Today, following plenty of rumour, Nokia has announced plans for a partnership with Microsoft that’ll see Windows Phone being used as Nokia’s main smartphone platform.
Symbian will become what the company describes as a “franchise platform”, with plans to almost double the current base of 200 million Symbian owners to around 350 million in the next few years. MeeGo is becoming an open-source mobile operating system project, although Nokia still plans to ship a MeeGo-related product this year.
Stephen Elop, Nokia President and CEO, said “Nokia is at a critical juncture, where significant change is necessary and inevitable in our journey forward. Today, we are accelerating that change through a new path, aimed at regaining our smartphone leadership, reinforcing our mobile device platform and realizing our investments in the future.”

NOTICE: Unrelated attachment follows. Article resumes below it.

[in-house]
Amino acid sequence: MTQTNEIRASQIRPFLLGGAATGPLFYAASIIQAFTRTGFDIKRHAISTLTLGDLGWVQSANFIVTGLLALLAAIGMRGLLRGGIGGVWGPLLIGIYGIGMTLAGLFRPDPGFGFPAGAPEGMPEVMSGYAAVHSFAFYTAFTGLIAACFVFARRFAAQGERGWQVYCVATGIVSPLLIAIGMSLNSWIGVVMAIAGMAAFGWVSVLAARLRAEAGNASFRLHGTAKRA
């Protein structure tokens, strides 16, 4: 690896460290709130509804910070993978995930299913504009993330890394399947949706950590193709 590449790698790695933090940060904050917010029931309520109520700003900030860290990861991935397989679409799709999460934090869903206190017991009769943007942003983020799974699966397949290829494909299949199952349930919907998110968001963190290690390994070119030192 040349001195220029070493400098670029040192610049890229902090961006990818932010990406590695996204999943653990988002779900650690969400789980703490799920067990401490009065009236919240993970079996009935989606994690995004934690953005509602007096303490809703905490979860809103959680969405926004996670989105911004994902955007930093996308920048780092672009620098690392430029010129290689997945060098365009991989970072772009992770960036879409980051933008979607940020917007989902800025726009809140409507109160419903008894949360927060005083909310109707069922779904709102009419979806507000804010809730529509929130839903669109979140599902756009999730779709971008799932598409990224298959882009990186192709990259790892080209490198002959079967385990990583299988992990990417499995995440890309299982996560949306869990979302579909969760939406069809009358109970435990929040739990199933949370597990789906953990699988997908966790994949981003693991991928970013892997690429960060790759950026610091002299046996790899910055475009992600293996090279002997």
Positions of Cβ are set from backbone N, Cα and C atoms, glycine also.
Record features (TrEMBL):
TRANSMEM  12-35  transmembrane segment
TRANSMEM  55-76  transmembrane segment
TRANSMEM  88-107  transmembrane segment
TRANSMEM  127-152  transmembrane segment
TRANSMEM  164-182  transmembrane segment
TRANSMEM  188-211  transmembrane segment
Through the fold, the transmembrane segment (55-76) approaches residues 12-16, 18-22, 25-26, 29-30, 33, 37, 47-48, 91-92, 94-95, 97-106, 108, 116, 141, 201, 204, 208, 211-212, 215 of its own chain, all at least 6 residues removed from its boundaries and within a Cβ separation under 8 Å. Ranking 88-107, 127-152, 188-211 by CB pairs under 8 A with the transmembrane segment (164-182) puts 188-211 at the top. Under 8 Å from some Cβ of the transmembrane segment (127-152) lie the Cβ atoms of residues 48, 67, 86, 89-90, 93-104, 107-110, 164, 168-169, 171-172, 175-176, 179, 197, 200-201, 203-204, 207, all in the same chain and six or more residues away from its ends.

There are changes to the Nokia Leadership Team - previously known as the Group Executive Board - with Dr Alberto Torres stepping down. He was Nokia's executive vice president for MeeGo Computers. A new company structure from 1st April will split the company into two units: Smart Devices (led by Jo Harlow, including the Symbian and MeeGo units) and Mobile Phones (the mass-market phone unit led by Mary McDowell). Design will be led by Marko Ahtisaari.
NAVTEQ will continue as a separate reporting entity, as will Nokia Siemens Networks.